The newest image in the exhibition features an unknown couple kissing while taking a selfie against the backdrop of the stones during the 2019 Autumn Equinox.

English Heritage says it hopes to be able to identify the couple and give them a signed copy of the image of their memorable day out. 

“I first photographed Stonehenge years ago and it was fantastic to be invited back to photograph it again for this exhibition’, said Mr Parr.

‘I loved looking at the images that people sent in. They really show what the stones mean to people and how our relationship with a site like Stonehenge has changed and yet stayed the same through time.’

English Heritage says the exhibition shows how photography has changed over the years – from the box cameras and people remaining very still to the rise of the selfie stick and the smartphone.

‘The way that people pose – people’s faces have got closer to the camera until they are taking a picture of themselves more than they are of Stonehenge,’ said Ms Greaney who works for English Heritage.

‘People have been visiting Stonehenge for centuries, for all sorts of reasons, and taking photos of themselves and their loved ones in front of the stones since the very earliest days of photography. 

‘The monument has provided a constant backdrop to millions of family memories, and in some cases has even played a part in changing the course of people’s lives.’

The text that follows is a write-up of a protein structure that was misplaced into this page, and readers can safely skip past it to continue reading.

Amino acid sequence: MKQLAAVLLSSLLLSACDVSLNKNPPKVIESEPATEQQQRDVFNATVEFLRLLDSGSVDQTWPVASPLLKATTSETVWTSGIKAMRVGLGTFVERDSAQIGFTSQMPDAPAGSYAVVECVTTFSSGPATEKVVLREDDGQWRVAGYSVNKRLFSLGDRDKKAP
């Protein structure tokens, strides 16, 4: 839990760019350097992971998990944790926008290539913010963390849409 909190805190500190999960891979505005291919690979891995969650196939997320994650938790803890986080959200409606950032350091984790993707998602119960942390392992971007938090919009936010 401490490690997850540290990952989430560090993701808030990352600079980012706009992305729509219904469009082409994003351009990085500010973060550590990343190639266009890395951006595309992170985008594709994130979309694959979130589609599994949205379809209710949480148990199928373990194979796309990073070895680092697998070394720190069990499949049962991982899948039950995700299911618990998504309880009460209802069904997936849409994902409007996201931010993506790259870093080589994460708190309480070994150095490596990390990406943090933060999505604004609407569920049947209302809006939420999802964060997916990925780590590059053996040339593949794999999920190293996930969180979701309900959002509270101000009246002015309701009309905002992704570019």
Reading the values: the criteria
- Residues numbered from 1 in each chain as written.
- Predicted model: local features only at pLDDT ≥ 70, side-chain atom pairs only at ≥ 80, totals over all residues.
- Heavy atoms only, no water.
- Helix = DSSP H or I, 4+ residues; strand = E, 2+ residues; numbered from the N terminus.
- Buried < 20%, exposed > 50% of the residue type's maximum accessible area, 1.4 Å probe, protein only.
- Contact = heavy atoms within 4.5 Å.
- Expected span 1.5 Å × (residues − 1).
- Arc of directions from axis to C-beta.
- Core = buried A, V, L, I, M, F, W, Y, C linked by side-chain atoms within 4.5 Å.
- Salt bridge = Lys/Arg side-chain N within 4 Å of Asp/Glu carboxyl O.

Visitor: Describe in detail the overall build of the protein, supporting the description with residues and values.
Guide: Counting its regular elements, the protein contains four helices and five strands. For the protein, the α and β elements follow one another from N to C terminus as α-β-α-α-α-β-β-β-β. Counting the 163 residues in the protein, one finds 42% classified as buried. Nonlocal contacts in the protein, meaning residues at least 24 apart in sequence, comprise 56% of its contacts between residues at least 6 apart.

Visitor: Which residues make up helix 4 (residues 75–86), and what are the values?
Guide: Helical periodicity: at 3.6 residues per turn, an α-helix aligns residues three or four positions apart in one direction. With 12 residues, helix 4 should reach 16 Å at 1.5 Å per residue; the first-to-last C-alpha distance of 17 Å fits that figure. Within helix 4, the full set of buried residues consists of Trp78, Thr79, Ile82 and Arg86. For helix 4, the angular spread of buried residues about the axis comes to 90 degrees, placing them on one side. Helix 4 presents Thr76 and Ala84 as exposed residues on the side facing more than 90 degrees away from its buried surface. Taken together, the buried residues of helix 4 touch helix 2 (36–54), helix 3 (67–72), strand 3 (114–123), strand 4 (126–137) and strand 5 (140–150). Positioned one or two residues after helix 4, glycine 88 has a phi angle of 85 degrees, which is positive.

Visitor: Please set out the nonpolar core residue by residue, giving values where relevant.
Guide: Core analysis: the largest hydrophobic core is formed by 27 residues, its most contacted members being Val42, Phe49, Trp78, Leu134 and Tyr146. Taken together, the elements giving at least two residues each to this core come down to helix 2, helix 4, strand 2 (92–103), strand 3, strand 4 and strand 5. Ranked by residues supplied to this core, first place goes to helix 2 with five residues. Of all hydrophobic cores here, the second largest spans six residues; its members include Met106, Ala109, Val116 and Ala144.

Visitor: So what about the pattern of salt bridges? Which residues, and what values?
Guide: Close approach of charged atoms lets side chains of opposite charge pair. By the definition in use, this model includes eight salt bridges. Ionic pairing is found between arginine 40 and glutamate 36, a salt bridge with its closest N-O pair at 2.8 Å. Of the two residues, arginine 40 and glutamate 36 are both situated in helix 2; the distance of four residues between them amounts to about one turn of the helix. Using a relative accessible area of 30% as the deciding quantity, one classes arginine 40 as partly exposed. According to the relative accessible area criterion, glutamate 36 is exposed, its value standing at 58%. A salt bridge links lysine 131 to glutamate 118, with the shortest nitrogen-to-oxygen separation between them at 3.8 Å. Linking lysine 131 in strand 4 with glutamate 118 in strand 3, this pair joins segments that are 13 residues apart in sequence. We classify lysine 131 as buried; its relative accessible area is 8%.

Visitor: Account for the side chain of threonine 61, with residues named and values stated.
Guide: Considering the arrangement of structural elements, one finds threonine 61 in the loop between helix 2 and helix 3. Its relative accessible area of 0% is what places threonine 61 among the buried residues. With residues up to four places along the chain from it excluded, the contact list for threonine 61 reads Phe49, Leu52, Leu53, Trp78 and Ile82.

Of the possibility of finding an older family photograph, she said: ‘It would be quite nice if somebody comes forward and says ‘We’ve got an earlier one’.’

The earliest known photograph of Stonehenge, not featuring a family, is thought to date back 22 years earlier.

The new exhibition – Your Stonehenge 150 years of personal photo – runs from December 12 2019 to late August 2020 at Stonehenge. 

Stonehenge was built thousands of years before machinery was invented. 

The heavy rocks weigh upwards of several tonnes each.

Some of the stones are believed to have originated from a quarry in Wales, some 140 miles (225km) away from the Wiltshire monument.

To do this would have required a high degree of ingenuity, and experts believe the ancient engineers used a pulley system over a shifting conveyor-belt of logs.

Historians now think that the ring of stones was built in several different stages, with the first completed around 5,000 years ago by Neolithic Britons who used primitive tools, possibly made from deer antlers.

Modern scientists now widely believe that Stonehenge was created by several different tribes over time.

After the Neolithic Britons – likely natives of the British Isles – started the construction, it was continued centuries later by their descendants. 

Over time, the descendants developed a more communal way of life and better tools which helped in the erection of the stones. 

Bones, tools and other artefacts found on the site seem to support this hypothesis.